Right-sided heart – is it possible?
A normal heart points towards the left side of the chest. This part which is called the apex of the heart consists of tips of right and left ventricles. Dextrocardia is a condition in which the apex of the heart points towards the right side of the chest. This is a congenital malposition of the heart. This congenital abnormality, where only the heart is affected is called ‘isolated dextrocardia’. When other organs in the body are also located on the opposite side, this condition is called ‘situs inversus’.
The genesis of dextrocardia
The heart of a fetus develops during the initial weeks of pregnancy. It is during this time that the heart turns to the right side to develop dextrocardia. The cause of this occurrence is not known. These are many combinations of this abnormality as this may either present as the only condition or is associated with abnormal position of other organs.
In mirror image change of position, all organs on right go to left and vice versa. This includes the lungs and abdominal organs. The liver is located on the left and spleen on the right. The organs are normal in structure and function including the heart. It is a rare condition and usually remains asymptomatic.
Associated complications of right-sided heart
Kartagener syndrome: Some people with situs inversus have abnormal ciliary function in the respiratory passage. The cilia are required for the clearance of excessive secretions or mucus. When this function is not efficient, this results in accumulation of mucus and infection. The patients develop chronic sinusitis and bronchiectasis or lung infections.
Heart defects associated with dextrocardia
The most common type of right sided heart is associated with many types of birth defects in the heart. Some of these are listed below.
- Transposition of the great vessels – the large vessels of the heart are abnormally positioned leading to abnormal flow patterns.
- Ventricular septal defect – an abnormal opening in the septum or wall between right and left ventricles.
- Double outlet right ventricle – both great vessels, pulmonary artery and aorta are connected to the right or left ventricle.
- Endocardial cushion defect – this is associated with a defect in atrial septum, ventricular septum or the atrio-ventricular valves.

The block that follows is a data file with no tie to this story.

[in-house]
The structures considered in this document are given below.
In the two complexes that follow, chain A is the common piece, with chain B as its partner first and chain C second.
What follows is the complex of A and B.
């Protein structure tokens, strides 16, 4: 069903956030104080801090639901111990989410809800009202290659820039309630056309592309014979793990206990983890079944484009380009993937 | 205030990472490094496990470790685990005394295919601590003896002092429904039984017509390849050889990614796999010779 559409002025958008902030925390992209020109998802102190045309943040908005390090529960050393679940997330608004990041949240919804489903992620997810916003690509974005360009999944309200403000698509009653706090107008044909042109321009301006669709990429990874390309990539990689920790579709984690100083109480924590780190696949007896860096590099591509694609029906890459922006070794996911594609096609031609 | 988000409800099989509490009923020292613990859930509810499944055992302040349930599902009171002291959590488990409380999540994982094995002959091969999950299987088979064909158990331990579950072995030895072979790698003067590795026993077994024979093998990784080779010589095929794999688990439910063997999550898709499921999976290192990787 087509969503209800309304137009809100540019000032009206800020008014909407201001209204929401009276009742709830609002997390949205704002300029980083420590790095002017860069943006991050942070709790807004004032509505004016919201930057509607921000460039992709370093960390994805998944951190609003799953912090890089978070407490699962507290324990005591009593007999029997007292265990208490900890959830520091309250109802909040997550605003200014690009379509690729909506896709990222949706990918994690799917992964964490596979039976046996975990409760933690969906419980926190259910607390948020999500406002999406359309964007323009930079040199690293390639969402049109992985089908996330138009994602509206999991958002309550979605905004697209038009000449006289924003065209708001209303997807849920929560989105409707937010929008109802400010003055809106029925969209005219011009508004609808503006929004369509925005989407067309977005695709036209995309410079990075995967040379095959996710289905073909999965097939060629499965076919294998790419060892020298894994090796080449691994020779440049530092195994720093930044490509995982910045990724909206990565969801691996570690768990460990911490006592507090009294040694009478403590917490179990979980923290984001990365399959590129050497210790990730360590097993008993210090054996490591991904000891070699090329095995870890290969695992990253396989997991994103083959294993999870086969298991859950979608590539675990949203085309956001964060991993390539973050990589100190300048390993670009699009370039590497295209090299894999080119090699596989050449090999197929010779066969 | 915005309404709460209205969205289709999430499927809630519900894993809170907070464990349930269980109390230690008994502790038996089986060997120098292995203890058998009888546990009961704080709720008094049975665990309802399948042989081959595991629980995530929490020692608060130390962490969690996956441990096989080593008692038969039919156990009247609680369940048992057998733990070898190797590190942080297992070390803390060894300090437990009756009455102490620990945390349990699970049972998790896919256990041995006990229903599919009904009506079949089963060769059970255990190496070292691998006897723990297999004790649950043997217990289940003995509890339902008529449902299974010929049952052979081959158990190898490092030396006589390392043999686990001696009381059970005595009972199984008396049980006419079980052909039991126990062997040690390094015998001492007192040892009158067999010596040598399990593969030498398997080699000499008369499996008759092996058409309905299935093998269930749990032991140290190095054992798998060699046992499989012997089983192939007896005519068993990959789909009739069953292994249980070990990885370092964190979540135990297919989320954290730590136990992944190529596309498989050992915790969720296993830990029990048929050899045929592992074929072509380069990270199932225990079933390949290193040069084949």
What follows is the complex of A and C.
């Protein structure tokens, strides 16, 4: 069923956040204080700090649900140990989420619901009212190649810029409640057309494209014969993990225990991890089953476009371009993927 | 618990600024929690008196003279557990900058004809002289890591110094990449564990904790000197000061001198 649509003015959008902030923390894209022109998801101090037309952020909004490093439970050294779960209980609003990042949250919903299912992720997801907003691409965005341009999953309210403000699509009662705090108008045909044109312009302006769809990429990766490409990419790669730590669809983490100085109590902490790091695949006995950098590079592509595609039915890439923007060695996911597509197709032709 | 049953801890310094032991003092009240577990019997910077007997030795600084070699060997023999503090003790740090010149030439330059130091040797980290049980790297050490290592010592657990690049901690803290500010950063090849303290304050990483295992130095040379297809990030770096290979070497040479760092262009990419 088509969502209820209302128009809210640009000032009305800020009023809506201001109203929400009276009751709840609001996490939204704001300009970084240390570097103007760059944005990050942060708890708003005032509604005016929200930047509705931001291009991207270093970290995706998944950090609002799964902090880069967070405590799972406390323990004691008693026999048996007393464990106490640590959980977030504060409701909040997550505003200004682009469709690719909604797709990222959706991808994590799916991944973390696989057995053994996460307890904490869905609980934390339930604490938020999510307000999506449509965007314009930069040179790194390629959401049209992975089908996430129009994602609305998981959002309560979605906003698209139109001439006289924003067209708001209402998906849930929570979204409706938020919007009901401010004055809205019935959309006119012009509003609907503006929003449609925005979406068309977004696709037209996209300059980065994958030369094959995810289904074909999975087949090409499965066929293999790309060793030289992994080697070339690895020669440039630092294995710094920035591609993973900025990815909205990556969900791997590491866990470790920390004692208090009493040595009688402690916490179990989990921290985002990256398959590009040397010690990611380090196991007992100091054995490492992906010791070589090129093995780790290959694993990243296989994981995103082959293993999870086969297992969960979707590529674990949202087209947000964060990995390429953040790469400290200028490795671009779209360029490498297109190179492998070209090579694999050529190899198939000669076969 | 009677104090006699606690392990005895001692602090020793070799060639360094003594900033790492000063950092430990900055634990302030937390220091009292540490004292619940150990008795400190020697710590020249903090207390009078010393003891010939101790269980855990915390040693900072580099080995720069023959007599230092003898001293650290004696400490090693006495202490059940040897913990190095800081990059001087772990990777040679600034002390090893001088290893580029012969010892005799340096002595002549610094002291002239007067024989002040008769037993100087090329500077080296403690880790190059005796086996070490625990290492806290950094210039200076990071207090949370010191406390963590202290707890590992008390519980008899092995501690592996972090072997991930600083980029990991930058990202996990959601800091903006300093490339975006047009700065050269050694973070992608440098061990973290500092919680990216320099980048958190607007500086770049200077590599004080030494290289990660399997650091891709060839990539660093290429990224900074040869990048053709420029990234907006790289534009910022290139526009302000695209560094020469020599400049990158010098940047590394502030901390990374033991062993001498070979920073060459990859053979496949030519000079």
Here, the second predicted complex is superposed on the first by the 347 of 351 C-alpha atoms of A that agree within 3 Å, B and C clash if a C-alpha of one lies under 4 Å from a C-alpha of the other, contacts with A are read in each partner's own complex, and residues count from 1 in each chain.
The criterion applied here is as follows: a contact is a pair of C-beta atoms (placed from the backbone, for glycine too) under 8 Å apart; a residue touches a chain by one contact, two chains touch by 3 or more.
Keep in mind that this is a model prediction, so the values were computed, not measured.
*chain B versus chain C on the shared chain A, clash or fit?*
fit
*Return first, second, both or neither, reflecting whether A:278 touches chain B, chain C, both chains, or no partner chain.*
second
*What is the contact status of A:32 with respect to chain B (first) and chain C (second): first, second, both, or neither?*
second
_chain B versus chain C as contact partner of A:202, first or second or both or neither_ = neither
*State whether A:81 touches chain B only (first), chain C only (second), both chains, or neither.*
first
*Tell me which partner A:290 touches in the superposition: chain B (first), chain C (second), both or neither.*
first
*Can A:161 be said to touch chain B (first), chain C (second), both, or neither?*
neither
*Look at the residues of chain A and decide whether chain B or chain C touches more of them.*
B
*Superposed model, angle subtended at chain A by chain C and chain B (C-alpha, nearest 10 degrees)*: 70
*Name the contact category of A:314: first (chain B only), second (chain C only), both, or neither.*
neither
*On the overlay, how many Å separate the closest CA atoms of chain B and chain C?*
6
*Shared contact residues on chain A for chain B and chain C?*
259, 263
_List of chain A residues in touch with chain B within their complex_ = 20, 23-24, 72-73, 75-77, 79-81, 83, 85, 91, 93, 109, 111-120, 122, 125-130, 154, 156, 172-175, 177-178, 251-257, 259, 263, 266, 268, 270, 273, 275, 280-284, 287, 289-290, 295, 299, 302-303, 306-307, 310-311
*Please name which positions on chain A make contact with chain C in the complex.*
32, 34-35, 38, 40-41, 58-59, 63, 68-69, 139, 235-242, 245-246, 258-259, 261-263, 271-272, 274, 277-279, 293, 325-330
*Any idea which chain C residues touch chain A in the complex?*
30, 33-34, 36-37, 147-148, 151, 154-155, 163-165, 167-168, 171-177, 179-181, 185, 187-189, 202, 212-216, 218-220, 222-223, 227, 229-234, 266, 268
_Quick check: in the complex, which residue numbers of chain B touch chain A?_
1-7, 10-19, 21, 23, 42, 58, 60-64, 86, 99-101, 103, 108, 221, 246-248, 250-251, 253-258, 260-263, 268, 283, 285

Other organ defects associated with dextrocardia
The organs in the chest and abdomen are also positioned abnormally which results in aberrations of their function. The spleen may be absent. Since spleen has a major role to play in the development of natural immunity, there is a risk of infection due to poor immunity. These patients may also have abnormalities of intestines, gall bladder and lungs.
Depending on the abnormality of the heart and other organs, these patients may present with the following clinical features. Bluish skin and difficulty in breathing occurs due to poor oxygenation of blood. This results in poor growth and failure to gain weight. The patients may develop jaundice and recurrent sinusitis and lung infections.
The diagnosis of dextrocardia is done easily. Based on clinical suspicion, an echocardiography helps in confirmation of the diagnosis.
Treatment of right-sided heart
In patients with mirror image placed organs on the opposite sides of body, usually no treatment is requires as the organ functions are normal. Patients with recurrent sinusitis and lung infections will require antibiotics and drainage of any collection of pus. Treatment in relation to the heart depends on the abnormality of heart structure and function. In many cases surgery to correct the birth defect is required. Children who are critically ill will require stabilization with drugs before and after surgery. In some cases abdominal surgery is done for treatment of complications due to abnormal position of organs like intestinal obstruction. Children with missing spleen require antibiotic cover till their adulthood and especially during any surgical intervention like a dental procedure.
Dextrocardia is a rare condition. It is associated with birth defects in the heart and abnormal location of other organs in the chest and abdomen. It requires an assessment by a team of specialists. Many of these children with only dextrocardia have a good life expectancy while others survive depending on the severity of heart and other organ related problems.